The COVID-19 pandemic has dramatically altered medical students’ experience in 2020, and many believe it will affect how they practice medicine long after the pandemic subsides, according to the more than 2600 US medical students who responded to the the Medscape Medical Student & Life Education Report 2020 .
As it has for physicians, COVID-19 has weighed heavily on students, with about 1 in 10 reporting that they have personally known a resident, faculty member or medical professional who died from the illness.
Only about half of students (45%) said they are satisfied with how their institutions are handling the pandemic.
Despite pandemic-related hardships, slightly more than half of the students said the pandemic has only reinforced their decisions to become physicians; 38% said it had no effect and just 8% said it weakened their choice to pursue medicine as a career.
As for graduating on time, 43% of students are at least moderately concerned that COVID-19 interruptions will delay their graduation, women more so than men (47% vs 36%).
The vast majority (87%) of students said that COVID-19 had at least some negative effect on their experience taking United States Medical Licensing Examination (USMLE) tests.
Despite COVID-19 interruptions, more than half (58%) of medical students said they felt prepared or very prepared for their USMLE test, which is comparable to the 2018 survey.
About 2 in 5 students think COVID-19 interruptions and changes to their education will have at least a moderately negative effect on their ability to practice medicine as they launch their careers, with more women than men feeling this way (46% vs 36%).
About one third of students said COVID-19 has had at least some effect on their choice of specialty while two thirds said it’s had no influence.
Not much has changed in terms of the most popular specialities since Medscape’s 2018 report on medical student life and education. The top five choices remain family medicine (12%), internal medicine (11%), emergency medicine (11%), pediatrics (10%), and psychiatry (7%).
This year, students overwhelmingly said that personal interest in the field was the biggest factor in their choice. A slightly greater share of women (76% vs 68% of men) cited this reason, while men more often cited lifestyle (20% vs 15%) — similar to the 2018 survey.
Future earnings remain at least moderately important in choosing a speciality for the vast majority of students (84%) with more men than women feeling this way.
For both women and men, the desire to help those in need is the top factor influencing their decision to go to medical school (87% and 85%), followed by feeling a call toward medicine (68% and 63%), interest in science (67% and 78%), and prestige of a medical career (27% and 42%).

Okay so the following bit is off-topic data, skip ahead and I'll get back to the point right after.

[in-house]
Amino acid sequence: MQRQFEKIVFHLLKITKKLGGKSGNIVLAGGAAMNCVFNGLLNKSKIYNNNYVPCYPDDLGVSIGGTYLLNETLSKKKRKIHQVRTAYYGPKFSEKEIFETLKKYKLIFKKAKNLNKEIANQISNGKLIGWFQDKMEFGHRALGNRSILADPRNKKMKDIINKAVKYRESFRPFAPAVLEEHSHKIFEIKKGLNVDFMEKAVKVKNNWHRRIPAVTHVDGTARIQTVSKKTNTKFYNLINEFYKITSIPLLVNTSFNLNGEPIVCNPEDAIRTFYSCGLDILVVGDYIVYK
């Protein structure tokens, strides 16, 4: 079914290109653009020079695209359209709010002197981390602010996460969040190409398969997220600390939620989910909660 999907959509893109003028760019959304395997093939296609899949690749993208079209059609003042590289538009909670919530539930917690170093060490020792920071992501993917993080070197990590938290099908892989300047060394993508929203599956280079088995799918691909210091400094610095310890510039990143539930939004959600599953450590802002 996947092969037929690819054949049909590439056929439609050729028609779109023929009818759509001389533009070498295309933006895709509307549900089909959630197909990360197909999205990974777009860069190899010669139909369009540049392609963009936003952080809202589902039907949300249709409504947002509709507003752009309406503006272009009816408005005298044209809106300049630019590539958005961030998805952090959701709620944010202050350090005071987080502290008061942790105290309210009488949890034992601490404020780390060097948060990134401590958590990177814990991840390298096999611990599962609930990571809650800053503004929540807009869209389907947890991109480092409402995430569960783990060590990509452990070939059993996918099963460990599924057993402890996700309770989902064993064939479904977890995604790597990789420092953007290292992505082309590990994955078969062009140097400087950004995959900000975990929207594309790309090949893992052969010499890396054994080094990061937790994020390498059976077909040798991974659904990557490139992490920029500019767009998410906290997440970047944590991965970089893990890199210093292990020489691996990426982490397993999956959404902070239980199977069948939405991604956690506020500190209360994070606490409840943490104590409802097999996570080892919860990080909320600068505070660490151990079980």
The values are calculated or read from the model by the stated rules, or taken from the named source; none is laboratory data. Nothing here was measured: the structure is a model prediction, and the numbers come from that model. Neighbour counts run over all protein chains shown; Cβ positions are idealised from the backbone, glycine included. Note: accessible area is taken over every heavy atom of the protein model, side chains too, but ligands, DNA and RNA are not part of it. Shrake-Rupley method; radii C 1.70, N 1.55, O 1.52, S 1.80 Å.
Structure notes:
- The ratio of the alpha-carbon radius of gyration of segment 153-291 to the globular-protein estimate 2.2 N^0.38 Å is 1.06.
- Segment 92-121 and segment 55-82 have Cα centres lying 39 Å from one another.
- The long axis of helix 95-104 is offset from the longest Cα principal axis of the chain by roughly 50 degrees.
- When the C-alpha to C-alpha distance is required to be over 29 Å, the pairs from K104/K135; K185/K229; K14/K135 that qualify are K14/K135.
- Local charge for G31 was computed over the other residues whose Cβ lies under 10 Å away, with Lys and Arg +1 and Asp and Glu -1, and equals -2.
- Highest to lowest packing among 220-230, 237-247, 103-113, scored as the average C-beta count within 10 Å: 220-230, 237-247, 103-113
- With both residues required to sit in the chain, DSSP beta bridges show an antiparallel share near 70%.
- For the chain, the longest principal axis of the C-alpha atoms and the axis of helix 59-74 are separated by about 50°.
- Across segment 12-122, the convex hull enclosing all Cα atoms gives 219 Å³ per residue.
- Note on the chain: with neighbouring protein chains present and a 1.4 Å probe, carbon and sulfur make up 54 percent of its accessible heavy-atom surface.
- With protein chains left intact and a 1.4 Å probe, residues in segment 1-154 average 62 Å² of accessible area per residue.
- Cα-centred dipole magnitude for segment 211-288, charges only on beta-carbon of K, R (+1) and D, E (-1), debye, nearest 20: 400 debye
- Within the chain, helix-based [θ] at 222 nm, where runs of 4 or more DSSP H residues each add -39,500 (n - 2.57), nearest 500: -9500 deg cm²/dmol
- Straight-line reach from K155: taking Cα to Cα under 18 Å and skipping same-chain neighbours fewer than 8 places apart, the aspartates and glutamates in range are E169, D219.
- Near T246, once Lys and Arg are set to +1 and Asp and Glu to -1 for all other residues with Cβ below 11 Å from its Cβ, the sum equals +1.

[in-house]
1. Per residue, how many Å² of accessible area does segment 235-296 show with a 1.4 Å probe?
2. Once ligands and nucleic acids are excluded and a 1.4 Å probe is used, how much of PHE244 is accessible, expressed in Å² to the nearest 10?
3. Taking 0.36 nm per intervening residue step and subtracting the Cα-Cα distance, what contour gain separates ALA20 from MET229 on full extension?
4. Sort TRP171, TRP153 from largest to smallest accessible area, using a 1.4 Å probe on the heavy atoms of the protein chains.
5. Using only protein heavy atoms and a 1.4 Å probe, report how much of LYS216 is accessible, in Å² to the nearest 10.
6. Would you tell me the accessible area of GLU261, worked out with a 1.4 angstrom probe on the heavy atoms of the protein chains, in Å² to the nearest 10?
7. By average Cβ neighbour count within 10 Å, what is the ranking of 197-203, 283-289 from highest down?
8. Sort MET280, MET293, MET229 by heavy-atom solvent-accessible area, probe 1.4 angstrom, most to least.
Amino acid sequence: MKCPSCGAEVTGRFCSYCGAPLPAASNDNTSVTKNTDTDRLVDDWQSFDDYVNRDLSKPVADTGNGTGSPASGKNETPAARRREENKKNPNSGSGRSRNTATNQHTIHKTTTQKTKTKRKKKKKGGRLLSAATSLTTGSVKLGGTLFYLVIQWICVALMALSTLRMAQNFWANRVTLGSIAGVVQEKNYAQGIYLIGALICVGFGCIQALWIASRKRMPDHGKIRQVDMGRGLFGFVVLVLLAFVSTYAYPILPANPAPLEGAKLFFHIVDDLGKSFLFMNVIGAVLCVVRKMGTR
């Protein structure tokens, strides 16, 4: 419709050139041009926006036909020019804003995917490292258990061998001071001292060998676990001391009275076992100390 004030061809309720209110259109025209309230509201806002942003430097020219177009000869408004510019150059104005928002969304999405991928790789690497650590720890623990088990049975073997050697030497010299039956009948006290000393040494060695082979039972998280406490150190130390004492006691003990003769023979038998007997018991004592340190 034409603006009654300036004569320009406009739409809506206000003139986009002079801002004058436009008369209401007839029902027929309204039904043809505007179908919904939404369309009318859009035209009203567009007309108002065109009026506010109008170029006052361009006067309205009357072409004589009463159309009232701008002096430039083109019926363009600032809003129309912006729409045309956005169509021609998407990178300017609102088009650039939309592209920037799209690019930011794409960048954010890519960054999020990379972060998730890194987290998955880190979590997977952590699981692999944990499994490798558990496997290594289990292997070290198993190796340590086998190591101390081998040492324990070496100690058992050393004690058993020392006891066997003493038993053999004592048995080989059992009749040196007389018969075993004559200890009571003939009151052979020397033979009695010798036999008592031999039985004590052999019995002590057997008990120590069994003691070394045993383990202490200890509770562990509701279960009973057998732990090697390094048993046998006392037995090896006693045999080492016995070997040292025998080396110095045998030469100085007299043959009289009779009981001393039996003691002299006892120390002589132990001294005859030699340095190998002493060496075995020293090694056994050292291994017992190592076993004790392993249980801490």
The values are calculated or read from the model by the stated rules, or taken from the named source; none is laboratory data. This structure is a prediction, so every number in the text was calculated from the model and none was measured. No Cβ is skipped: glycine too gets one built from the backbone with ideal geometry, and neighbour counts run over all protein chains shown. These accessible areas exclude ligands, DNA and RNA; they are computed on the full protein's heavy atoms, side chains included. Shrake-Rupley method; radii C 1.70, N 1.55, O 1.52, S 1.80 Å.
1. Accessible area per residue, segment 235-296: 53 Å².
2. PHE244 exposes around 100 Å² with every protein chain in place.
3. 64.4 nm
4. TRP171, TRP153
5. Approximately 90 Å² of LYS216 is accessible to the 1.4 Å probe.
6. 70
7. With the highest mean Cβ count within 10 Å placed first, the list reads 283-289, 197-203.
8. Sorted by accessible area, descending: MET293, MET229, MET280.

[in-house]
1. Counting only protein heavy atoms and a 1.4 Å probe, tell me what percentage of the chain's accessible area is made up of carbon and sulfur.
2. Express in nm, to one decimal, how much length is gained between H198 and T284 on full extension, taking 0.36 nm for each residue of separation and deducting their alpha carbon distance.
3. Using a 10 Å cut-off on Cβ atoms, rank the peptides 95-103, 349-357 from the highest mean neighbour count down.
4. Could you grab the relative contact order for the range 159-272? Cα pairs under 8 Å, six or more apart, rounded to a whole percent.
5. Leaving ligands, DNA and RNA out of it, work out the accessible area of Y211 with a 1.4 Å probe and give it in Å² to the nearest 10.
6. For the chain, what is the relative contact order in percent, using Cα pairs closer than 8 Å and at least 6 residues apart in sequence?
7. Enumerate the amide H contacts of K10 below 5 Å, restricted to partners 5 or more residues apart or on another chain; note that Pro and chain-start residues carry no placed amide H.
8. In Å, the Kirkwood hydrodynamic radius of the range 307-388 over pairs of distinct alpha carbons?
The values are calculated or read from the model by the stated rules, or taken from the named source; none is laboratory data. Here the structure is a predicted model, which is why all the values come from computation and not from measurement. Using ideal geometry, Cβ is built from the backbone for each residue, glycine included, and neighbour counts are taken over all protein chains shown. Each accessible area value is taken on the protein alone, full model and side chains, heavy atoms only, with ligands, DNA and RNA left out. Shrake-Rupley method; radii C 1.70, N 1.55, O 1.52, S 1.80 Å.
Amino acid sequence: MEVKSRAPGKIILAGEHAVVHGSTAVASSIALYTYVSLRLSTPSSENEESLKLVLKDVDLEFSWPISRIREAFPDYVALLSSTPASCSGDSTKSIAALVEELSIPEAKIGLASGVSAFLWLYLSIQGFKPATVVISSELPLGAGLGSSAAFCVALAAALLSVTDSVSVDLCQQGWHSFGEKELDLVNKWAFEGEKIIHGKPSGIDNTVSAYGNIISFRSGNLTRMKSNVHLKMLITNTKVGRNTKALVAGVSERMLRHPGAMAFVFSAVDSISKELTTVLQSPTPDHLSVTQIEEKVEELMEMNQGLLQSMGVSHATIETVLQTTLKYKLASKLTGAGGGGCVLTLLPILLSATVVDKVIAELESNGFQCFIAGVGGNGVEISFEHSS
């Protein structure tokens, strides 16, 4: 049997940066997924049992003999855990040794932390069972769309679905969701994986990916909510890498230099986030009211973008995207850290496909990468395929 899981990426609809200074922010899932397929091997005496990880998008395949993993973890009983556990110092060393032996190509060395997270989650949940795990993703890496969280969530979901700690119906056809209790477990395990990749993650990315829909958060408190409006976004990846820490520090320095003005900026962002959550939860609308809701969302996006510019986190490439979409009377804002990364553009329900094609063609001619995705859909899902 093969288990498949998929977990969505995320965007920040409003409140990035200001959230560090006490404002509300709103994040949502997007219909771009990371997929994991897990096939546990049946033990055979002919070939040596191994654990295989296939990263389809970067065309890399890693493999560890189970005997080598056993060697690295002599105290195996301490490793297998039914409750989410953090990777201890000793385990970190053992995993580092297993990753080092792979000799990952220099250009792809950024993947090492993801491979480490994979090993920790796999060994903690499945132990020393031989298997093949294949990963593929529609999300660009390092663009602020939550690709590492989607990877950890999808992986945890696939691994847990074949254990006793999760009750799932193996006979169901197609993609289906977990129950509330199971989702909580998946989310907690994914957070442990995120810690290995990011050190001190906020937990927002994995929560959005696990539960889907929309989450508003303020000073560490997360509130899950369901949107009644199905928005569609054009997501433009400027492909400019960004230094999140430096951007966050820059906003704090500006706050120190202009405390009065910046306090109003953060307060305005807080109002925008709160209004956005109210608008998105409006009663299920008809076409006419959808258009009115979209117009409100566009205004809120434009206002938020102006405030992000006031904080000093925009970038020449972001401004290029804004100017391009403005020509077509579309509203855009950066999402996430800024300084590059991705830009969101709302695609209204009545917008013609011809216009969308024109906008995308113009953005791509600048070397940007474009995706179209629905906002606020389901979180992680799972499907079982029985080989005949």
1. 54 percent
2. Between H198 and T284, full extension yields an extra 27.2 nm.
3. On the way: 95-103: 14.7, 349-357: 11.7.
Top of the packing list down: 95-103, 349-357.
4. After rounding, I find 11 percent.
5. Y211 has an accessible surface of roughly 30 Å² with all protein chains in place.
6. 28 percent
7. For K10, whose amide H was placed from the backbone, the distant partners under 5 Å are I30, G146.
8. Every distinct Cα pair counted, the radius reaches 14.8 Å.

Overall, the prestige of a career in medicine has become somewhat less of a factor since 2016, when 37% of students cited it, compared with 33% in 2020.
What are the biggest challenges in medical school? The ability to master the clinical information ranked number one for both men and women. Work-life balance was the next most common concern for men, whereas passing educational requirements and mandatory tests was next for women.
Debt also weighs heavy on medical students. Half of students surveyed are expecting to have more than $200,000 of debt when they finish their education. That’s up from 45% 2 years ago.
Burned Out Already
Burnout among physicians is nothing new and medical students are not immune to it. In line with 2018, about three quarters of survey respondents said they have felt burned out at least sometimes.
These feelings were more common in women than men (81% vs 68%) and among third- and fourth-year students (80% vs 77%, respectively) compared with first-year students (68%).
“If the burnout begins as early as medical school and then you still have 4 more years of residency where the burnout is supposed to be even higher, that is not a good start,” commented Emily Kahoud, a third-year medical student at Rutgers University, in the report. “We don’t want students graduating medical school already burned out. That is something everyone should be concerned about.”
Most medical students have neither experienced nor witnessed unwanted verbal, physical, or sexual advances from patients, other students or faculty, similar to what was reported in 2018.
However, half of women reported experiencing some kind of bias from faculty, students, or patients during medical school. Gender bias was reported by 40% of women (vs 9% of men) and race/ethnicity bias by 22% of women (vs 15% of men).
Nearly half of students (46%) said they considered leaving medical school at some point, including 49% of women and 41% of men.
More than half (60%) said they have at least sometimes doubted their ability to be a competent practicing physician, women more so than men (64% vs 55%).